June 14, 2012
It is hard to open a newspaper or turn on the television – or perhaps have Thanksgiving dinner with your extended family – and not be aware of the extent to which Americans’ views are divided by political party. We see large partisan divisions across nearly every issue we examine, from health care reform to government spending to gay marriage. Politics even affect Americans’ perceptions of their own economic experiences. For example, a recent Washington Post/ABC News poll found that Republicans are more than twice as likely as Democrats to say they are not as well off financially as they were before Obama became President. The Pew Research Center’s American Values study, just published, shows that this polarization has been on the increase over the past 20 years.
However, although it is unusual to find an issue that brings voters together across the values and beliefs that divide us, such issues do exist, and in Ohio, protecting Lake Erie and the other Great Lakes is one. Our recent poll of general election voters in Ohio finds that large majorities of Republicans, Democrats and independents support the federal government continuing its $300 million funding program “to improve the condition of the Great Lakes by cleaning up toxic waste and bacteria, reducing run-off pollution from cities and farms, and protecting and rebuilding wetlands” (63% of Republicans, 72% of independents and 79% of Democrats support).
The threat of what Asian Carp could do to Lake Erie provides another example of cross-partisan agreement. Majorities of Republicans, Democrats, and independents express high levels of concern about Asian Carp when informed of this “large invasive species that breeds rapidly and could destroy the other fish and ecosystems of Lake Erie and the other Great Lakes” (55% of Republicans, 57% of independents and 58% of Democrats say they would be very concerned if the Carp got into Lake Erie). Support for constructing “a physical barrier in the Chicago canals to keep the Asian Carp from swimming from the Mississippi River to Lake Michigan and the other Great Lakes” is twenty percentage points higher than opposition, and we find very little partisan distinction in support (Republicans: 48%; independents: 50%; Democrats 48%).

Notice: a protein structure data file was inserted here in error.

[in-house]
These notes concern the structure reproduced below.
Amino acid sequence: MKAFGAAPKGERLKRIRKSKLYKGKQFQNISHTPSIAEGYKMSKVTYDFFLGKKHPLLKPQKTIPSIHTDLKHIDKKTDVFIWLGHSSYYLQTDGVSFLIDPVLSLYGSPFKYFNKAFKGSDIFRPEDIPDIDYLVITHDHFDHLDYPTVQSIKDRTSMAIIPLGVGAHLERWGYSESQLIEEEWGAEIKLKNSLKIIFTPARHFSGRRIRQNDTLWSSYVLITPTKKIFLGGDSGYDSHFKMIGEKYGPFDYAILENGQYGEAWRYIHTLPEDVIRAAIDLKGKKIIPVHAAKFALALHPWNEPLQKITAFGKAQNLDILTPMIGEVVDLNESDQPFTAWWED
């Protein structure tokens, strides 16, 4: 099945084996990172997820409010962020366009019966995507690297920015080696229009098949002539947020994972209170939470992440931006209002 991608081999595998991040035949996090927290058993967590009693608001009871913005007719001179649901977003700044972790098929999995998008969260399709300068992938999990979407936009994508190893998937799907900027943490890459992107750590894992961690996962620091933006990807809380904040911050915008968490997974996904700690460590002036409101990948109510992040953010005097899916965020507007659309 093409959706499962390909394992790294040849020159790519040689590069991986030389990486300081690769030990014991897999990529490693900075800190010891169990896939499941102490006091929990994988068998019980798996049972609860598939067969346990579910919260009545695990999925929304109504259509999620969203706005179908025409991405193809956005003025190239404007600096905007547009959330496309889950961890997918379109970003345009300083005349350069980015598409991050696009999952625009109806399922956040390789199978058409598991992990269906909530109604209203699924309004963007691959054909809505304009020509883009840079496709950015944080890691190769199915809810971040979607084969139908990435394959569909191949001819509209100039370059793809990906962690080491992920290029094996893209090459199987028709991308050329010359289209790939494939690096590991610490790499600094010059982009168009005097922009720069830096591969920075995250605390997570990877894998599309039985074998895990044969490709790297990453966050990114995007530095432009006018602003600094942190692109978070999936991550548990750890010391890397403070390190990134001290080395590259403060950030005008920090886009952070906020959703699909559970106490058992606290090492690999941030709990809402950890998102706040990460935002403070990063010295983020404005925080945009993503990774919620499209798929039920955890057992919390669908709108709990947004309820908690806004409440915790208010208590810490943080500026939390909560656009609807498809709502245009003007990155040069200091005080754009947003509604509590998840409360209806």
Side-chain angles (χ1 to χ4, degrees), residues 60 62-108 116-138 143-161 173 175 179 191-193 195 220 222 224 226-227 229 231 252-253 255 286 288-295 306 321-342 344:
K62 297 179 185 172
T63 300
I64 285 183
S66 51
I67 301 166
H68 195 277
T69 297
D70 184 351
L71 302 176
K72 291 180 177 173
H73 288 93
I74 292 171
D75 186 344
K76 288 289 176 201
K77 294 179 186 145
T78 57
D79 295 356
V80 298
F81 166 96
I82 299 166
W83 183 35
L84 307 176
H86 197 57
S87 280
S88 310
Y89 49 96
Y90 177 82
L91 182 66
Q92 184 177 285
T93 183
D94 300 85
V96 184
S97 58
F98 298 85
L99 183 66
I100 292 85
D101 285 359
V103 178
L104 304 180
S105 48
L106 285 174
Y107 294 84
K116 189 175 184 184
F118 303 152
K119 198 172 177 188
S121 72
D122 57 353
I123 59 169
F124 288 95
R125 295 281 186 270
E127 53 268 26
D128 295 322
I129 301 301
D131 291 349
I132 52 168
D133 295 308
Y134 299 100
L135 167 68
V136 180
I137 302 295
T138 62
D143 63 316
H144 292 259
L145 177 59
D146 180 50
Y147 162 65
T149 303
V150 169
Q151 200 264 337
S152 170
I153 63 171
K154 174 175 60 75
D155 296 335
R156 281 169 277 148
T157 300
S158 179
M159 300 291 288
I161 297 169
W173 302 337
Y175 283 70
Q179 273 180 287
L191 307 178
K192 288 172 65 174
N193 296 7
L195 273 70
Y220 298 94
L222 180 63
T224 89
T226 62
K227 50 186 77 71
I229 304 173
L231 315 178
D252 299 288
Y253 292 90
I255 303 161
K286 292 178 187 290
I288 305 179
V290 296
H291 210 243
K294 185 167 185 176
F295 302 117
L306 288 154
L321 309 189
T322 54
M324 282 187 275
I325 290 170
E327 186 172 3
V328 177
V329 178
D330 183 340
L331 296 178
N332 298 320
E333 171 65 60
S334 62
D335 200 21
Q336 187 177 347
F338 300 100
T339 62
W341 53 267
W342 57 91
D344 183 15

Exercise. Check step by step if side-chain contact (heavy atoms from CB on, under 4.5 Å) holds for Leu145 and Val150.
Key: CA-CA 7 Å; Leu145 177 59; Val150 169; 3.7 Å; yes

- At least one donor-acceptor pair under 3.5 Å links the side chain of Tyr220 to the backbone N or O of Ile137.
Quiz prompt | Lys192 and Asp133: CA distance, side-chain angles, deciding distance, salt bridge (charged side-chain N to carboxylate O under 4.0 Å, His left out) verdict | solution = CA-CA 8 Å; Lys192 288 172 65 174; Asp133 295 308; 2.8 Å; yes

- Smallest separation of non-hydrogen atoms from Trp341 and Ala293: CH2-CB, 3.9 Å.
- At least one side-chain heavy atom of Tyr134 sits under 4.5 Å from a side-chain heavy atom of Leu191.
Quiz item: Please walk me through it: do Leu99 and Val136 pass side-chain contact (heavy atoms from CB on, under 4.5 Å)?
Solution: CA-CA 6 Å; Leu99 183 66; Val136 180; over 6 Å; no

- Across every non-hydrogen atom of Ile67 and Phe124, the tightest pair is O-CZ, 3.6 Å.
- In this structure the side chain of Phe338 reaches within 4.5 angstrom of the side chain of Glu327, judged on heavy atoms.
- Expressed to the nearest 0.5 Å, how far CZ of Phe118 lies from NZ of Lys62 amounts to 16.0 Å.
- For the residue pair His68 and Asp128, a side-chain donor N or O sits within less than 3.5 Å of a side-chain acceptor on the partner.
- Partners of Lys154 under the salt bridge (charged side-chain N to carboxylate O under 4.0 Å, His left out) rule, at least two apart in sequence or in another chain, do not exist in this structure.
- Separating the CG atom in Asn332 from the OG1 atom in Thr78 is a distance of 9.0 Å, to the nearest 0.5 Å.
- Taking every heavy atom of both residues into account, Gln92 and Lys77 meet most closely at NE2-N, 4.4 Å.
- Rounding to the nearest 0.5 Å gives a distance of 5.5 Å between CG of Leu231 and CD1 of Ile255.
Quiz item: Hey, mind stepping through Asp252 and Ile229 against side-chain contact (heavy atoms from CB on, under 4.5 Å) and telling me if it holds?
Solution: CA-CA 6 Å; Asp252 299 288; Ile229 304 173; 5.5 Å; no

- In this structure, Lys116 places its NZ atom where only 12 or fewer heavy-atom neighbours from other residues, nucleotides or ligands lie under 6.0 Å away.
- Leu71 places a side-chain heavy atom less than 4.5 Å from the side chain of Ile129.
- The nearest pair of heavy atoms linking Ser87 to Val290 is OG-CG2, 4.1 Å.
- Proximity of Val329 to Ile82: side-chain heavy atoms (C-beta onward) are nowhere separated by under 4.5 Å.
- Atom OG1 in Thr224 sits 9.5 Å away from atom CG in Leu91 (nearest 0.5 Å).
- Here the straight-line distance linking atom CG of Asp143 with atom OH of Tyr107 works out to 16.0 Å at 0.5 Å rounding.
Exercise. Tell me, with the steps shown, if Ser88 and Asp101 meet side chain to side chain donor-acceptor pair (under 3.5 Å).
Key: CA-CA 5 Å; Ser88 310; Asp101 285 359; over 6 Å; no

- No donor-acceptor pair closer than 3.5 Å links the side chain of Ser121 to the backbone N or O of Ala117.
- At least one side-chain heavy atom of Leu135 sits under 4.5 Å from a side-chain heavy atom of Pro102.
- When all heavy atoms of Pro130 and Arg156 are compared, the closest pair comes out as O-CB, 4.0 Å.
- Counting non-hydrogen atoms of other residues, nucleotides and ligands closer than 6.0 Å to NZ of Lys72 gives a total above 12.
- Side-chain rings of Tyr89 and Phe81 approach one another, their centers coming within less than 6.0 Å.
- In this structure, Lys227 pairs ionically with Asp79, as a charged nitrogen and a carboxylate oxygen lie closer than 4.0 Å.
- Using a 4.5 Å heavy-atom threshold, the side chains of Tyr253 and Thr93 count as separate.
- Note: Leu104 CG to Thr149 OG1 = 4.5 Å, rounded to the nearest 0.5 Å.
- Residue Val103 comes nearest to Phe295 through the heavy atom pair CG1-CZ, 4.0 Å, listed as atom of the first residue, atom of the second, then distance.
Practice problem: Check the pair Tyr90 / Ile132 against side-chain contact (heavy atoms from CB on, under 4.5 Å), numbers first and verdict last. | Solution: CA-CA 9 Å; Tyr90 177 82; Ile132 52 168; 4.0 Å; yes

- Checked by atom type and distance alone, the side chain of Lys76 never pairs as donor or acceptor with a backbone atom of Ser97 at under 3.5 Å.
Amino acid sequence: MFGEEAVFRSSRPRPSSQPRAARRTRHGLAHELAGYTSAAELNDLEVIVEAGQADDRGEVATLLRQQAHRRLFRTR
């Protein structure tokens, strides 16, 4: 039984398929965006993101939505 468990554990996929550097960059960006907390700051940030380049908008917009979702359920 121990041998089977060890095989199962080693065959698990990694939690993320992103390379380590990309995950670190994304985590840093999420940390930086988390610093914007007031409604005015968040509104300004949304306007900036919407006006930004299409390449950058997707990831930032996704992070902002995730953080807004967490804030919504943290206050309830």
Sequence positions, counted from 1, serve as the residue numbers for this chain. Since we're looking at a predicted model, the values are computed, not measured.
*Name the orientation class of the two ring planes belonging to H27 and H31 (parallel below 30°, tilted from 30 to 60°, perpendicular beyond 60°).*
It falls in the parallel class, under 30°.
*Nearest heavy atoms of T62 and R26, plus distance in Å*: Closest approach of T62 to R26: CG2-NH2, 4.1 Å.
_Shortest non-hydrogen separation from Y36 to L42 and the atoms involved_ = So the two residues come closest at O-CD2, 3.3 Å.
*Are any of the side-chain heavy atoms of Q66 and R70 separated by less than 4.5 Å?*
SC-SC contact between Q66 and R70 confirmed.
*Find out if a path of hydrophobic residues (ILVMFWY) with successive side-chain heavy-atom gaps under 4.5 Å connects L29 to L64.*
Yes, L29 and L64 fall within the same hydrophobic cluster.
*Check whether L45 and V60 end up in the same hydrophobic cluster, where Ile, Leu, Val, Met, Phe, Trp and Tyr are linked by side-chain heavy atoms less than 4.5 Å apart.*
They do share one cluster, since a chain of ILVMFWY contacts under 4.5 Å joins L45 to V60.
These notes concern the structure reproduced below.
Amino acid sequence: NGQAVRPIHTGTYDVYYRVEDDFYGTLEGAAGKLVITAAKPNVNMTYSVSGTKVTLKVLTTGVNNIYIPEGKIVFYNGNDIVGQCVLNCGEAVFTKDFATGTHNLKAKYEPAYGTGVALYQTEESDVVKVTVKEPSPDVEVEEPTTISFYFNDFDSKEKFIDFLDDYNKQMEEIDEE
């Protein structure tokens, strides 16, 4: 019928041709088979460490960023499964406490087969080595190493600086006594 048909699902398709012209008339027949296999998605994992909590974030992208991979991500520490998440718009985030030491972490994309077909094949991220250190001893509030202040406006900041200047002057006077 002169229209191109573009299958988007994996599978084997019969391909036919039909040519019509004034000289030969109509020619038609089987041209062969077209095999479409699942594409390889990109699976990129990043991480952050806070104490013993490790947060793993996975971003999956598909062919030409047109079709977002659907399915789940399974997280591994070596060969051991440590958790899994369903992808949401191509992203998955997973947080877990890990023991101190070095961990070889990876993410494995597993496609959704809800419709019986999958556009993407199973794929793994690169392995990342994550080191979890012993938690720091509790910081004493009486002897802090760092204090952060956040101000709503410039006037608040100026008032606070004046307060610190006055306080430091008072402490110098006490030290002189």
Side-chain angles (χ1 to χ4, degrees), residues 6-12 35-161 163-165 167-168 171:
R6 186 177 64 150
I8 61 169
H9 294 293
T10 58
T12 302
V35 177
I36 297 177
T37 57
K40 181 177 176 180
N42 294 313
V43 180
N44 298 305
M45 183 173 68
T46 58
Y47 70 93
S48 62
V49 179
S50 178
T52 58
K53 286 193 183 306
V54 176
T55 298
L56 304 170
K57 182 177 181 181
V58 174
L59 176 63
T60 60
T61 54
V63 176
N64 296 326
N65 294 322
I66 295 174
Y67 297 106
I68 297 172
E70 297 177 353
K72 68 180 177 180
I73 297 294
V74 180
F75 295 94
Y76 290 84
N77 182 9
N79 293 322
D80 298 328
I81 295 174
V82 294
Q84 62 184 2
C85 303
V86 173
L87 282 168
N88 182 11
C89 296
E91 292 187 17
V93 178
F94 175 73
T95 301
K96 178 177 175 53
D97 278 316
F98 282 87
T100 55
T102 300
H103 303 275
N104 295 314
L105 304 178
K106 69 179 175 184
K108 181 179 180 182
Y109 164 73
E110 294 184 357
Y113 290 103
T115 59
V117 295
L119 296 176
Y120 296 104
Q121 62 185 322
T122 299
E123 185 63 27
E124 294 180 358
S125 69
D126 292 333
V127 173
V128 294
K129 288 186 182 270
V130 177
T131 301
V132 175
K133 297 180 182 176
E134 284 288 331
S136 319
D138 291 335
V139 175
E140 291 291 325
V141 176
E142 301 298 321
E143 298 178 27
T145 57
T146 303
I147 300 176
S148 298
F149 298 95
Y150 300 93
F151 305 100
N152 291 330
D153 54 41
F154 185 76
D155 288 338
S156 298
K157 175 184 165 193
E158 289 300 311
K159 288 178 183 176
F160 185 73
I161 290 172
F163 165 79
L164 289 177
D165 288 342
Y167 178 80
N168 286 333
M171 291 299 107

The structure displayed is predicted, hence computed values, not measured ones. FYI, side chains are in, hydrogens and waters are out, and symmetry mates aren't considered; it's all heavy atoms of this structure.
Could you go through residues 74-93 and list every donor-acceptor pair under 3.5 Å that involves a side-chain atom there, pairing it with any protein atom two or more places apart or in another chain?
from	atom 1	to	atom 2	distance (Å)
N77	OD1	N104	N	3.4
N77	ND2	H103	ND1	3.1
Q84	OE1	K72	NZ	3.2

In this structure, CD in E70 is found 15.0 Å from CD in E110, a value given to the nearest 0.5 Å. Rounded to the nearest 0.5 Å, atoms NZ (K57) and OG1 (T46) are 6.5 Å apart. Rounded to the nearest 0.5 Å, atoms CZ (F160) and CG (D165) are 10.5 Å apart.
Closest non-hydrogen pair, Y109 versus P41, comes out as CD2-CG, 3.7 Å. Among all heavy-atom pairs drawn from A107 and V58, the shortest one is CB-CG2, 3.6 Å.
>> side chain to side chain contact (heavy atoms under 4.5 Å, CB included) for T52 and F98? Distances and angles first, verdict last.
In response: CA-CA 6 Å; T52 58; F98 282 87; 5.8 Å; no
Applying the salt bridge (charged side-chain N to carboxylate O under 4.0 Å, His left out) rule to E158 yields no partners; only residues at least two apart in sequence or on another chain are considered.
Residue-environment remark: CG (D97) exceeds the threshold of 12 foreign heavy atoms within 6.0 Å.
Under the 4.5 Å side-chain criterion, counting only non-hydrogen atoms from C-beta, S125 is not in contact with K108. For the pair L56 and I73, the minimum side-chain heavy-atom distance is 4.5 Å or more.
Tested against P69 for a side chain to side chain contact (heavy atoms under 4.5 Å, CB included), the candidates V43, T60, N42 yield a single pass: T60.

This should be a wake-up call to both Presidential campaigns that are so focused on the Buckeye State. As they campaign in Ohio, they will be asked to endorse continued federal funding to restore the Great Lakes and a plan to do battle with the invading Asian Carp. There is possible political payoff for Obama and Romney in embracing Great Lakes restoration – and possible political harm to coming down on the wrong side. It is true that environmental protection does not usually take center stage in Presidential elections and exit polls typically show environmental concerns to be secondary to worries about the economy and national security issues. At the same time, however, in an election that could be decided by a small number of votes, a candidate’s position on Great Lakes restoration may tell voters in Ohio whether he understands and cares about the things they value. To be successful in Ohio and other swing states, candidates must not only hold their base vote but also attract independent, unaffiliated voters. From our polling, it is clear that standing up to protect Lake Erie and taking action to beat back the invasive Asian carp are winning issues among this critical constituency.
During Presidential campaigns, it is especially easy to get lost in the partisan divisions and lose sight of the issues where voters actually come together and agree. Perhaps as the candidates are traveling the state this summer, they will hear a little bit from Ohioans of all political stripes about how much they value Lake Erie and the other Great Lakes and want the government to play its part in protecting them.
Telephone survey conducted by Fallon Research and Communications, Inc. on behalf of the National Wildlife Federation/Healing Our Waters Coalition from questions written by Belden Russonello Strategists LLC among 804 general election Ohio voters from May 14-18, 2012. Margin of sampling error is ±3.5 percentage points. The full question text and responses are available.